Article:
Impacts of Comprehensive Teacher Induction: Final Results from a Randomized Controlled Study

Publisher: Washington, DC: National Center for Education Evaluation and Regional Assistance, Institute of Education Sciences, U.S. Department of Education
Jun 30, 2010
Authors
Steven Glazerman, Eric Isenberg, Sarah Dolfin, Martha Bleeker, Amy Johnson, Mary Grider, and Matthew Jacobus
Compared to business-as-usual induction programs, two years of comprehensive induction can boost student achievement.
Teacher induction programs are designed to support new teachers and reduce teacher turnover. Comprehensive teacher induction, however, goes beyond traditional induction by relying on carefully selected and trained full-time mentors and also includes an intensive curriculum involving instructional support and professional development, opportunities to observe experienced teachers, and assessment tools for teachers that permit ongoing evaluation of practice and constructive feedback. Final results from Mathematica’s national evaluation show that compared to business-as-usual induction programs, two years of comprehensive induction can boost student achievement. For teachers who received one year of comprehensive induction, however, there was no impact. The study found no impacts on other outcomes.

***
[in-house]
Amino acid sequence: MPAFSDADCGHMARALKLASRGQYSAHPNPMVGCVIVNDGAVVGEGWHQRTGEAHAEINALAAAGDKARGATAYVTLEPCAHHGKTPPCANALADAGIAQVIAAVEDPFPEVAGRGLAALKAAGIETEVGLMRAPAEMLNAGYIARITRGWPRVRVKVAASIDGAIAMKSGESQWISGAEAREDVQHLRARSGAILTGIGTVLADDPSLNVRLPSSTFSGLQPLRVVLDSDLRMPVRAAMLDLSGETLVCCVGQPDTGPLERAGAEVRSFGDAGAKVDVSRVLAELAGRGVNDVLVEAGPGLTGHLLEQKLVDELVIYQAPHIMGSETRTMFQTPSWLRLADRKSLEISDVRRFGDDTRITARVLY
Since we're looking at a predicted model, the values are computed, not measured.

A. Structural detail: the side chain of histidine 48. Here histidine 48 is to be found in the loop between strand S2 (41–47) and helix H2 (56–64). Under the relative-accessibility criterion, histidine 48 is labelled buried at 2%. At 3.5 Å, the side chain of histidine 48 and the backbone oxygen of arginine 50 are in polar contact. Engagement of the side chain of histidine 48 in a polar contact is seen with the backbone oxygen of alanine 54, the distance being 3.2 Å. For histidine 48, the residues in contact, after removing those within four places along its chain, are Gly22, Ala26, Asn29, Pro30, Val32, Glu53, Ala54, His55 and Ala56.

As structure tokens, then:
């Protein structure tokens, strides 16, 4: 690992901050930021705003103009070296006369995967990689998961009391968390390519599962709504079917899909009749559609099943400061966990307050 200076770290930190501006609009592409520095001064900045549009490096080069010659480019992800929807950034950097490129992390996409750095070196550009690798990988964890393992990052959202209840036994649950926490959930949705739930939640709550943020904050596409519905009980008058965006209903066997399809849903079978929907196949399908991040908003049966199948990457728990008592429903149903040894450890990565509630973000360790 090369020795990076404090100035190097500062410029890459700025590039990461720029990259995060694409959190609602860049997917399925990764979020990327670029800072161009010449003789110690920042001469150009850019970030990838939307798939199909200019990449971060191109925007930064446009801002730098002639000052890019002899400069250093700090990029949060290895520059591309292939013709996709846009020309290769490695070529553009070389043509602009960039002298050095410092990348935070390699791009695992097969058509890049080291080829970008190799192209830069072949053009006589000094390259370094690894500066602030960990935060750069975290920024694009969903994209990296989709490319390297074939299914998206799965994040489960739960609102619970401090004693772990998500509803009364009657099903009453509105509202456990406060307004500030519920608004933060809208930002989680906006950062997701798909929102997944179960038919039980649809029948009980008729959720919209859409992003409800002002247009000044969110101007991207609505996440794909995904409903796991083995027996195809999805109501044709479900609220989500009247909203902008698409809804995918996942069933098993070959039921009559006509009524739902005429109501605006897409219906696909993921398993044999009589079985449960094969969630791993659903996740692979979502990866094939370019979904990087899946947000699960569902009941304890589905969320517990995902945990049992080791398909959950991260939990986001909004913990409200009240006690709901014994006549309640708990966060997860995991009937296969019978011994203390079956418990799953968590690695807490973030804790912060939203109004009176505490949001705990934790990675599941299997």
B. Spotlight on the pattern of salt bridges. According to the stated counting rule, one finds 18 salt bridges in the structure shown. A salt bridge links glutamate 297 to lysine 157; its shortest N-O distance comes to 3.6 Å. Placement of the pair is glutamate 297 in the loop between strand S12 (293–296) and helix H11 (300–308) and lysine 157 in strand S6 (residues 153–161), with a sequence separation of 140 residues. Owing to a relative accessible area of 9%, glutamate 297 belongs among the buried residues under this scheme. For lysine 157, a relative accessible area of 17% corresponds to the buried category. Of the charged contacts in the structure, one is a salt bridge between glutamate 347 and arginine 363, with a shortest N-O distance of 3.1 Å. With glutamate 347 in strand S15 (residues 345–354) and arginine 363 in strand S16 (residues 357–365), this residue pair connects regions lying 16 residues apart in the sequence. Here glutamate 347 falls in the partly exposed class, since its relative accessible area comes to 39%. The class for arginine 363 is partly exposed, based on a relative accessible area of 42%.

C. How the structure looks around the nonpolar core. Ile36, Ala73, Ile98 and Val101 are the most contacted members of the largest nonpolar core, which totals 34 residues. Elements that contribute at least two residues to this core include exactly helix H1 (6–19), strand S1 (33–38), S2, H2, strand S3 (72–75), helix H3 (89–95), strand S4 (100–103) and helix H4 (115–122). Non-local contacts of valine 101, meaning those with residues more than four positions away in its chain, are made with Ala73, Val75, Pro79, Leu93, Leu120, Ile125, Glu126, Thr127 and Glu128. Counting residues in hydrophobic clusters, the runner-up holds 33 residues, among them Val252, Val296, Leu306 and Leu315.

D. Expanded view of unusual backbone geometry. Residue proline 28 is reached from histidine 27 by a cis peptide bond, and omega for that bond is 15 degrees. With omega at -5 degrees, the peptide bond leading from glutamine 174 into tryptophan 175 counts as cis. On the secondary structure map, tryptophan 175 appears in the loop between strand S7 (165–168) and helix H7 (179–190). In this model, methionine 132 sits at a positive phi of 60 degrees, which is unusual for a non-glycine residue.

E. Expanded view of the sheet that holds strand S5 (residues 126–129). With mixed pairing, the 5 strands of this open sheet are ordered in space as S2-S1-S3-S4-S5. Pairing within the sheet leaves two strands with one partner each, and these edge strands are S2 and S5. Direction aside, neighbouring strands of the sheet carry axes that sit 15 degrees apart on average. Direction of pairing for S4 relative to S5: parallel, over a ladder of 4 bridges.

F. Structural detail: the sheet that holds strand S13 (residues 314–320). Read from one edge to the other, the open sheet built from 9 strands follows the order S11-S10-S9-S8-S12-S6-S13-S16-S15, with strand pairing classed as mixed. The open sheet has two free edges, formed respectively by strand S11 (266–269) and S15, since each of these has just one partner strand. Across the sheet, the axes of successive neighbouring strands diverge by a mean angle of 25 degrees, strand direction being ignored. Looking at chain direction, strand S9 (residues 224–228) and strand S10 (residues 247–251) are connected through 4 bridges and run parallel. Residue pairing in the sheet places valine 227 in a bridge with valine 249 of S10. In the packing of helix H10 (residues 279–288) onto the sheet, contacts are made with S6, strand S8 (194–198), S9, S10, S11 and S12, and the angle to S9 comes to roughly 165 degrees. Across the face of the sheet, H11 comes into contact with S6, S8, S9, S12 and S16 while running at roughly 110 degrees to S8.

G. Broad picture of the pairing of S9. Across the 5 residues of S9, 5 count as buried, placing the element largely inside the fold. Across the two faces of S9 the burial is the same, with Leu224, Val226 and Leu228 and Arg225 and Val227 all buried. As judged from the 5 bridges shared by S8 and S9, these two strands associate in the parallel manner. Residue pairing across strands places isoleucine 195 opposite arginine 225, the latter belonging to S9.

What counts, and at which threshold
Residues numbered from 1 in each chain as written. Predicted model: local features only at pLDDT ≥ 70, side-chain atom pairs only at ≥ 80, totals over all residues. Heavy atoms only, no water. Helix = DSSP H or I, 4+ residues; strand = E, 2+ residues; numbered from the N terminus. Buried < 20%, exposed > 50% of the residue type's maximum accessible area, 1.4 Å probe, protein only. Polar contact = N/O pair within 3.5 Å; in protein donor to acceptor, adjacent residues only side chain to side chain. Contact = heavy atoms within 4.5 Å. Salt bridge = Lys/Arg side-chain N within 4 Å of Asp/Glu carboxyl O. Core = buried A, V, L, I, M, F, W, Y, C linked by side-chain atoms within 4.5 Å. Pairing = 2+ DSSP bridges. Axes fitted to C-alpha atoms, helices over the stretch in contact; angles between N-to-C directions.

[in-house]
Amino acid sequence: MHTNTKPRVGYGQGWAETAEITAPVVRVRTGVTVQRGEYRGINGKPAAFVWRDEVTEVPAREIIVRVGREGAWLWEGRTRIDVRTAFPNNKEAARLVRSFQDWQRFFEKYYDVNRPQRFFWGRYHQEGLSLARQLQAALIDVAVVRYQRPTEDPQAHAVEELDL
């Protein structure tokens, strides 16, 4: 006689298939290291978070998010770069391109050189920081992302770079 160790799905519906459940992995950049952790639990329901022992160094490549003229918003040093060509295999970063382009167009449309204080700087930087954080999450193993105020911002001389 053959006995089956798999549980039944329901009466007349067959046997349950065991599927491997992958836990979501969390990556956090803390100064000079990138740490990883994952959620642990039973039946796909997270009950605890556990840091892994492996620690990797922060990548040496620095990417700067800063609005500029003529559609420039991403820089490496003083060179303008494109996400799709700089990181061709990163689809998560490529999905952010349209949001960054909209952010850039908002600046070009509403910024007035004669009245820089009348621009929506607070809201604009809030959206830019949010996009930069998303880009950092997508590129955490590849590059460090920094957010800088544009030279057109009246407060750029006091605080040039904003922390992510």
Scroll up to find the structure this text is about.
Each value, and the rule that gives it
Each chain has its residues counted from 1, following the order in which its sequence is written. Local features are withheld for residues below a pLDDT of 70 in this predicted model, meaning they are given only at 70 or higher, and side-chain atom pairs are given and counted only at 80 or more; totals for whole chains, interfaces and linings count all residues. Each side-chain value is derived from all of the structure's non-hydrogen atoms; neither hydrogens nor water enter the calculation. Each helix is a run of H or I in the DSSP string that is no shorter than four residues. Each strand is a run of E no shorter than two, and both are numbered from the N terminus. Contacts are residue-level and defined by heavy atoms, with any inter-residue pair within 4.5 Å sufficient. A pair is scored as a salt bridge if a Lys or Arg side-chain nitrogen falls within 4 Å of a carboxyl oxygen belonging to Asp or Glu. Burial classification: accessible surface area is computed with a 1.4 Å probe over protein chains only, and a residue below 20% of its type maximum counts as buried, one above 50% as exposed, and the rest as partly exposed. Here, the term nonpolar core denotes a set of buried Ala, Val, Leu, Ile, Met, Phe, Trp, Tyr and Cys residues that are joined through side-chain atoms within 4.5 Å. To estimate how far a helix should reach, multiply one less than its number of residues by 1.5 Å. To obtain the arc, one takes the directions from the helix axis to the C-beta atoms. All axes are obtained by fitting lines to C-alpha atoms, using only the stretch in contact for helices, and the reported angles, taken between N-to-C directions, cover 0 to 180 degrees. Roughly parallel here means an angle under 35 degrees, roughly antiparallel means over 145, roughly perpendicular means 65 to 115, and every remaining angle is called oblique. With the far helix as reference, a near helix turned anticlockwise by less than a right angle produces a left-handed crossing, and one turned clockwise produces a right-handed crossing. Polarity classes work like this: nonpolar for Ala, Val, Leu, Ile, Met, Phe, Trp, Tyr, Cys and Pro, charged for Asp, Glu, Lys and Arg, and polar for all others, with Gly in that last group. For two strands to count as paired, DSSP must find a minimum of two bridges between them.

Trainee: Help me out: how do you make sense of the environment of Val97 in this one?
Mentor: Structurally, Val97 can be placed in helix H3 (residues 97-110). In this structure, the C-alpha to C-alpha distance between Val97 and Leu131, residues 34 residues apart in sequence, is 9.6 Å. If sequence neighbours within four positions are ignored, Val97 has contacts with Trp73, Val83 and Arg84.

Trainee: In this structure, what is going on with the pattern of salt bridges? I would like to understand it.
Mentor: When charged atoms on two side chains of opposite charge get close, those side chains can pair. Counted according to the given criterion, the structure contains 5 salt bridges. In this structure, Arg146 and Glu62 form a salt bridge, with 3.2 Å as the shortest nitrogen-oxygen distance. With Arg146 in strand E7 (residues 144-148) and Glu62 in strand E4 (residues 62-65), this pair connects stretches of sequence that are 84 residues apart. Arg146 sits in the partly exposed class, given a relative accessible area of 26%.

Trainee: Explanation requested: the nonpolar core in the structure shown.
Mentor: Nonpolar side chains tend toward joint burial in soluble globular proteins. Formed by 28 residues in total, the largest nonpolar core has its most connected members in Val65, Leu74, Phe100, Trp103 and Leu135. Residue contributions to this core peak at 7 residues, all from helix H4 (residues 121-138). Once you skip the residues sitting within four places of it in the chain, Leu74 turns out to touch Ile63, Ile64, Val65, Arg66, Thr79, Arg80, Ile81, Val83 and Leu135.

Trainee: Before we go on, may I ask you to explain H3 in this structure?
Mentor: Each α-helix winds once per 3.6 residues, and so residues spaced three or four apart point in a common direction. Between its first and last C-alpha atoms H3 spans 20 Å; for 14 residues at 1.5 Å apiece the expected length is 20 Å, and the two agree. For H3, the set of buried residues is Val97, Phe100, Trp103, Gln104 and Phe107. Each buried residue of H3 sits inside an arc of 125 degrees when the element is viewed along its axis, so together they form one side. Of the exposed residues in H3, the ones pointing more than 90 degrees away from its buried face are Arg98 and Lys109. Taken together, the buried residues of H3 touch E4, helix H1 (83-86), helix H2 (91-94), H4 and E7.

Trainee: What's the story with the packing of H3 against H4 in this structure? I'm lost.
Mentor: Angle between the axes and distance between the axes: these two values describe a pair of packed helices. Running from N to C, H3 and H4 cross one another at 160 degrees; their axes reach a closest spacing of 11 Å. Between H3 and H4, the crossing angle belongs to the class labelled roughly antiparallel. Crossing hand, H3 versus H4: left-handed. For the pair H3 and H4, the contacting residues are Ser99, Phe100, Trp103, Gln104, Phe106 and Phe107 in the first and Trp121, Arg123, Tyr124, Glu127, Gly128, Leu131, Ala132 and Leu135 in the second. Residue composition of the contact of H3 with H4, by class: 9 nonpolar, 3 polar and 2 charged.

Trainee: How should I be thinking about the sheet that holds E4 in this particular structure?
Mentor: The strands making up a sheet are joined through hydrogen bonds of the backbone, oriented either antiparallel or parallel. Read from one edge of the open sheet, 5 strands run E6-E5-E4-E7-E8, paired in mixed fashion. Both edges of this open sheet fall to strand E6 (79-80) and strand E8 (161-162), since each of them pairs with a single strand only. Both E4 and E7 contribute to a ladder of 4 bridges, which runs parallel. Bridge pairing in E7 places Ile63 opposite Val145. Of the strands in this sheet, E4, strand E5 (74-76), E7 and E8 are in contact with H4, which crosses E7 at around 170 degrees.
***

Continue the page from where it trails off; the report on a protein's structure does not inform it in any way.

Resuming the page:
Project

Supporting New Teachers: Evaluating Teacher Induction Models

Funders

U.S. Department of Education, Institute of Education Sciences

Time Frame

2004-2010

Senior Staff

Amy Johnson
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Sarah Dolfin
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Mary Grider
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Martha Bleeker
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Julieta Lugo-Gil
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